Nurses protest eviction from hospital quarters

Wednesday August 21 2019

Accommodation. Masaka hospital staff houses. At

Accommodation. Masaka hospital staff houses. At least 20 nurses were ordered to leave the houses. PHOTO BY MALIK FAHAD JJINGO 

By Malik Fahad Jjingo

Uganda Nurses and Midwifery Union (UNMU) officials have protested the impending eviction of some nurses from Masaka Regional Referral Hospital staff houses.

This comes after the hospital administrators early this month ordered all nurses living in staff quarters to re-apply for the houses or their rooms would be allocated to other members.

Mr Justus Nsabimana, the head of nurses and midwives’ union at Masaka hospital, said at least 20 nurses have been ordered to leave the houses over failure to re-apply for them.

“Surprisingly, we did not get any communication from the hospital management explaining the need for us to re-apply for the houses. We consider this as mistreatment by the hospital authorities and that is why we sought the intervention of the union leadership,” Mr Nsabimana said on Monday.
He said management should have instead reduced the monthly accommodation fees.
The health workers claim they pay at least Shs200,000 as rental fees which also cover maintenance and utility bills, among other charges, but they say it is too high.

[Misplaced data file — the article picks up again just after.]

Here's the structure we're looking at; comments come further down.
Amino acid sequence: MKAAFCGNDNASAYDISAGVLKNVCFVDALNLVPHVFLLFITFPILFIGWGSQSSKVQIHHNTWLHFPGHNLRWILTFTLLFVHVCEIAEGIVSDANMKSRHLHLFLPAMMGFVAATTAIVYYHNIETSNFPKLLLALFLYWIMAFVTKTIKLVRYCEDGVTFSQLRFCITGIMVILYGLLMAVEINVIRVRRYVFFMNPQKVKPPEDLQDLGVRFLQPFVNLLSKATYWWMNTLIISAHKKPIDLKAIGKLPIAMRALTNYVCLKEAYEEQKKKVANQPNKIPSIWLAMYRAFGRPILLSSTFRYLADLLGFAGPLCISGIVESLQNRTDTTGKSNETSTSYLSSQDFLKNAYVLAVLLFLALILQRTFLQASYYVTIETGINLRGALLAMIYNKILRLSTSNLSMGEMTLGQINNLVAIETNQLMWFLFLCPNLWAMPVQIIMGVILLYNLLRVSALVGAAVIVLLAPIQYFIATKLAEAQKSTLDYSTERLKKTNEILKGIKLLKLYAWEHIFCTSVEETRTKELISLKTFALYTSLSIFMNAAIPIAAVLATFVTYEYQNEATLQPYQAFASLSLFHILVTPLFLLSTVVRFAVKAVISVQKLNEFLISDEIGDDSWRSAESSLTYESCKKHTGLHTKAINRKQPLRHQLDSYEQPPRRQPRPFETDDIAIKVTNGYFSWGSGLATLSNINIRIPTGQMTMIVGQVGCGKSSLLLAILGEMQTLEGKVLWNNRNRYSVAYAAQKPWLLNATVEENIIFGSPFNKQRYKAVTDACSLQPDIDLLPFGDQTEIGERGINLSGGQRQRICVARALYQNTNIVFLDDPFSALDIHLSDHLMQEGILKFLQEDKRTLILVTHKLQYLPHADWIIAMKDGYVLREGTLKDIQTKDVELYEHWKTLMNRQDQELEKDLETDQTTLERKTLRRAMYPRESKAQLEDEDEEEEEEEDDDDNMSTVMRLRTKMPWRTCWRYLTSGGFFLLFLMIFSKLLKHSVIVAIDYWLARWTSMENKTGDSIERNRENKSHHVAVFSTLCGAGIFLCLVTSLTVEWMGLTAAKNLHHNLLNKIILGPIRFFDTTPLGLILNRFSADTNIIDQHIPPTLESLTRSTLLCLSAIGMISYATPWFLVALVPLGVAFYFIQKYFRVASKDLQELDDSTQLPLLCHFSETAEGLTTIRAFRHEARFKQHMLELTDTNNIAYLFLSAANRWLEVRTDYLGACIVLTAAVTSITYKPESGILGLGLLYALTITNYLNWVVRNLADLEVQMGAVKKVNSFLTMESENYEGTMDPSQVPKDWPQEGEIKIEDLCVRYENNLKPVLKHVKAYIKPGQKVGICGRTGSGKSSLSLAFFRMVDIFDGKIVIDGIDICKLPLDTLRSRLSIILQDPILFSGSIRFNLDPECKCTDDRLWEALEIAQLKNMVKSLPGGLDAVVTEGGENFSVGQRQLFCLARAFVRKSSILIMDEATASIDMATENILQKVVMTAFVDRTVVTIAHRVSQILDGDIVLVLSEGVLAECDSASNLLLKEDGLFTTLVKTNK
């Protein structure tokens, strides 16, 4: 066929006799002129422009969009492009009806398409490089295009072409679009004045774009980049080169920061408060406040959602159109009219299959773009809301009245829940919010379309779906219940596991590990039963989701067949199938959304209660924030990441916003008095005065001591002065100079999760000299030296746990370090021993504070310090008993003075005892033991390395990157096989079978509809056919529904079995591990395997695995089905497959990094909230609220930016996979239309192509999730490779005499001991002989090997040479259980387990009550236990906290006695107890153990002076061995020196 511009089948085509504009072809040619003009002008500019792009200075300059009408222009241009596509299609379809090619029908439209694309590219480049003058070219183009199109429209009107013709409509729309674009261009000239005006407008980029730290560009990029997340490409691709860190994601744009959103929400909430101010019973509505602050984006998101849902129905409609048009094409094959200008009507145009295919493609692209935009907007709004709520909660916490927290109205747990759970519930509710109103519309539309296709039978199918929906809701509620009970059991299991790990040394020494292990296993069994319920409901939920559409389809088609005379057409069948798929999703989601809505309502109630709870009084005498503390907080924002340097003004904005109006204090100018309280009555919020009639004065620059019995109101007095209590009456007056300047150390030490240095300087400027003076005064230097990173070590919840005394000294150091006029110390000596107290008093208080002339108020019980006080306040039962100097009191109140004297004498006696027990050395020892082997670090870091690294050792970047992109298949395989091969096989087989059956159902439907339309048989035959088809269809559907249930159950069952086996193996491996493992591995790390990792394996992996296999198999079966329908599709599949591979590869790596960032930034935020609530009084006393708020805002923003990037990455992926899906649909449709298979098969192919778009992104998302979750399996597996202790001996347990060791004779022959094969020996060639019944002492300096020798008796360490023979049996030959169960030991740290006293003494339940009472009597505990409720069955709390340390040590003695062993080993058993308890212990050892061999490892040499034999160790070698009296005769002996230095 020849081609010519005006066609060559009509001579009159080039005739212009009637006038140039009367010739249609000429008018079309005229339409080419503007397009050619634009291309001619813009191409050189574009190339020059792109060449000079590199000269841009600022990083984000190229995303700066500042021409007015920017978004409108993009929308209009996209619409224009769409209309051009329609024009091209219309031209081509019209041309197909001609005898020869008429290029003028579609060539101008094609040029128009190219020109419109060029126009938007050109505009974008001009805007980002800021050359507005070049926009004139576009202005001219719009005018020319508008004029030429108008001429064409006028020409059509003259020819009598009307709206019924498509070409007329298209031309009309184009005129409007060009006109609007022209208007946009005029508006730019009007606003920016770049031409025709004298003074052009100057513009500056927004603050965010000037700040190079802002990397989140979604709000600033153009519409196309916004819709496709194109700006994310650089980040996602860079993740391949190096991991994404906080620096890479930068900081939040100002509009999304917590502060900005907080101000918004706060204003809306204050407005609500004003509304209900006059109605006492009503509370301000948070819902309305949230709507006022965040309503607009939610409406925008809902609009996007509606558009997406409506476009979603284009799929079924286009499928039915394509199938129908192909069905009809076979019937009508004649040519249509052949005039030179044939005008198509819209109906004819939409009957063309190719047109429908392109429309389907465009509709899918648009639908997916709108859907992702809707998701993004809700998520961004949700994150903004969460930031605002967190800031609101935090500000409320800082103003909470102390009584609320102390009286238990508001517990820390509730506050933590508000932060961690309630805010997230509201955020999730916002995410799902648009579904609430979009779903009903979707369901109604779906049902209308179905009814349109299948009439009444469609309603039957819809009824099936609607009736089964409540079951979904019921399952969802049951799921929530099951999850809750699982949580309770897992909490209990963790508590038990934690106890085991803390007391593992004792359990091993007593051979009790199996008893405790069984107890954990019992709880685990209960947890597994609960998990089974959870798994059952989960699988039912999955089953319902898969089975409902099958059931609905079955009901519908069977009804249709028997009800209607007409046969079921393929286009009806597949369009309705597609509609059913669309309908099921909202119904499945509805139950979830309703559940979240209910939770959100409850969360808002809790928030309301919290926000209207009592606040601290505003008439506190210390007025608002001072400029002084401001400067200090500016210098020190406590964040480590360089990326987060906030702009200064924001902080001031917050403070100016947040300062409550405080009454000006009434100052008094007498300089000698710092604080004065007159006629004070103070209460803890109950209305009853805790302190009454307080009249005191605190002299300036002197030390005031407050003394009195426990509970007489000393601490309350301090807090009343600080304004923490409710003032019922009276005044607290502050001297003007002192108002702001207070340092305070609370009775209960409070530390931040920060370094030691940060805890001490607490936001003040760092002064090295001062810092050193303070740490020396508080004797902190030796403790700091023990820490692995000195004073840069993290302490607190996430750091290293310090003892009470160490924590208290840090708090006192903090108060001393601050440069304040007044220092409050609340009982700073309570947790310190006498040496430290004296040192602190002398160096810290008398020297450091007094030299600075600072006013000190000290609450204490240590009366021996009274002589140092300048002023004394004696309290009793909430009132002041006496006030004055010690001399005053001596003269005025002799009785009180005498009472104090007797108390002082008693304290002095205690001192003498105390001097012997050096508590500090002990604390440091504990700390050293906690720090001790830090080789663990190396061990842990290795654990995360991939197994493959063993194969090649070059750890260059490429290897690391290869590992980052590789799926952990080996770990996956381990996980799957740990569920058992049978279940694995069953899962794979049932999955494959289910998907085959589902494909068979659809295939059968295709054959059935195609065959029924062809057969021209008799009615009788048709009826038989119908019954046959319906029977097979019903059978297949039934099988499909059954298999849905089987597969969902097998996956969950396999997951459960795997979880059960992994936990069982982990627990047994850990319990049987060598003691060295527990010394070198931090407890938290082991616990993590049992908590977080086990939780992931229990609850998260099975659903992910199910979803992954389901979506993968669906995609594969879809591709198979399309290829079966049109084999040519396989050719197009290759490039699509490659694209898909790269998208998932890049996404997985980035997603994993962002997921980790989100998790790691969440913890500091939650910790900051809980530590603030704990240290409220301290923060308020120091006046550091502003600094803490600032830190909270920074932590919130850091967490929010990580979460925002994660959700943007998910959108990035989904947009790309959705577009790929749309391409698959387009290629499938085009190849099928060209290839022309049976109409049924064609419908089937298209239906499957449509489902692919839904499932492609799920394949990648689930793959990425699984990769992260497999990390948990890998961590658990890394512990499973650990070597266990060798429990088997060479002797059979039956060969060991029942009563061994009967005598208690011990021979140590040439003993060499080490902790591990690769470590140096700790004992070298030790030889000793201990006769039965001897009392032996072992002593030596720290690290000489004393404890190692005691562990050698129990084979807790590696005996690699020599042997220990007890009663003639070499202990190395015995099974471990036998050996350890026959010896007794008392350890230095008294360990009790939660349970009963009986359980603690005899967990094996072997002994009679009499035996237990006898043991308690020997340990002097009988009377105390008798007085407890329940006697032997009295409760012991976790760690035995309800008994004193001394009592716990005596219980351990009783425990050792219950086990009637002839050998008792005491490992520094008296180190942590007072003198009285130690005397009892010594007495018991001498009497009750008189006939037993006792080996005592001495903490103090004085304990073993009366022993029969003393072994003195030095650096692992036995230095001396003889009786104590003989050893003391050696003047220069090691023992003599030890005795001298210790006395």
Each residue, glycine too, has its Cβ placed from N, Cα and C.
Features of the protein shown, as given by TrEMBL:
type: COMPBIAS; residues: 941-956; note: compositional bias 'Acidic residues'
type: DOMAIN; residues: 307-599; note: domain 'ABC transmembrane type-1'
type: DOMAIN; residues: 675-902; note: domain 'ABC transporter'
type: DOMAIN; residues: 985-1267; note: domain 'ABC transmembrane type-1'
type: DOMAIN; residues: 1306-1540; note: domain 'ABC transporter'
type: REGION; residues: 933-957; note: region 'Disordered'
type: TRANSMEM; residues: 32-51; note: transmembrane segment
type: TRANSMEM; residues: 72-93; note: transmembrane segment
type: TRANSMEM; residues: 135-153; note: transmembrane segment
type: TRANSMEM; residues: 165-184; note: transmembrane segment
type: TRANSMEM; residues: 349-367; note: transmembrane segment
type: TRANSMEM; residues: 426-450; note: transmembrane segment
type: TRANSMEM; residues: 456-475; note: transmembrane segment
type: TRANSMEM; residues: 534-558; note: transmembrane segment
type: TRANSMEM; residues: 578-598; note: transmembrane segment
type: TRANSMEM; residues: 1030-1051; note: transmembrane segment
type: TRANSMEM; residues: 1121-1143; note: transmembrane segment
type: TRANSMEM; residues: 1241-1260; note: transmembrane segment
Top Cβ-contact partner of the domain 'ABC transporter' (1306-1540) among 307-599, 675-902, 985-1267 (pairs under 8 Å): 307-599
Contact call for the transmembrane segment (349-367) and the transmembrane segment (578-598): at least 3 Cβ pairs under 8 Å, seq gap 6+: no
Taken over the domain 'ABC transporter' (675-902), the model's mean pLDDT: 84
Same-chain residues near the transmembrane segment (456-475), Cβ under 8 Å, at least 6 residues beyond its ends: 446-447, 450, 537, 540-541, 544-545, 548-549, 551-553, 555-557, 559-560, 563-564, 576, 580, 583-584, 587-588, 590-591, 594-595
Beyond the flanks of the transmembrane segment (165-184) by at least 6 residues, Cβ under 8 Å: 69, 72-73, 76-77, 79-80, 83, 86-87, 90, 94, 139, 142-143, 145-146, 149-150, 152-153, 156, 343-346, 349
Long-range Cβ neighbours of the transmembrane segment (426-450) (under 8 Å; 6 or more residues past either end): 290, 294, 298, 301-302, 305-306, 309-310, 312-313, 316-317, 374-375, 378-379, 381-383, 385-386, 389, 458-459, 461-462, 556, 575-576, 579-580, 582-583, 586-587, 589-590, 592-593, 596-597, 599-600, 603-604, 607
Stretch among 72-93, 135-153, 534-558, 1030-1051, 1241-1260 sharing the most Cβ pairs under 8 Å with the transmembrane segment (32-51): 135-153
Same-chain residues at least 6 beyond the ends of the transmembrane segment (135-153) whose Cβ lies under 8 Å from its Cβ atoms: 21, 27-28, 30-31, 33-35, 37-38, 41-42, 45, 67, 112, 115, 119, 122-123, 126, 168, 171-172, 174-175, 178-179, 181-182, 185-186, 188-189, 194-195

“Why should we pay that money yet it is the responsibility of the employer to offer housing facilities to the employees?” Mr Nsabimana asked.

Mr Jackson Turyahebwa, the acting general secretary UNMU, said reapplying for the houses is unfair.

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“It is not clear why health workers are being asked to reapply for the houses yet they are still serving staff. We have asked the hospital management to swiftly address this issue or else we will be forced to mobilise the nurses to lay down their tools in protest,” he said.
However, Dr Nathan Onyachi, the hospital director, said the nurses who were asked to re-apply no longer stay within the hospital.

He said many staff houses are occupied by relatives of nurses and other retired staff while others have been abandoned.

“This is what prompted us to ask all staff to re-apply for the houses so that we establish which are occupied and those that are vacant. We have no intention to evict our own staff. This issue has been blown out of proportion by self-seekers,” Dr Onyachi said.

On the exorbitant rental fees, he said the rates were provided for under the Public Service Standing Orders.

“If they want to sleep in staff quarters without paying any penny, I do not think that is possible in the current circumstances,” he added.

Housing facilities

The hospital has more than 286 health workers, but management can only provide housing facilities to 42 per cent of the staff. Currently, the hospital can only provide accommodation to 98 staff in the existing 54 housing units and other old houses at the hospital.
To address shortage of accommodation, the management in 2017 started constructing another complex to house at least 40 senior staff members. However, the works recently stalled after management decided to use the available funds to complete a new maternity ward at the facility.

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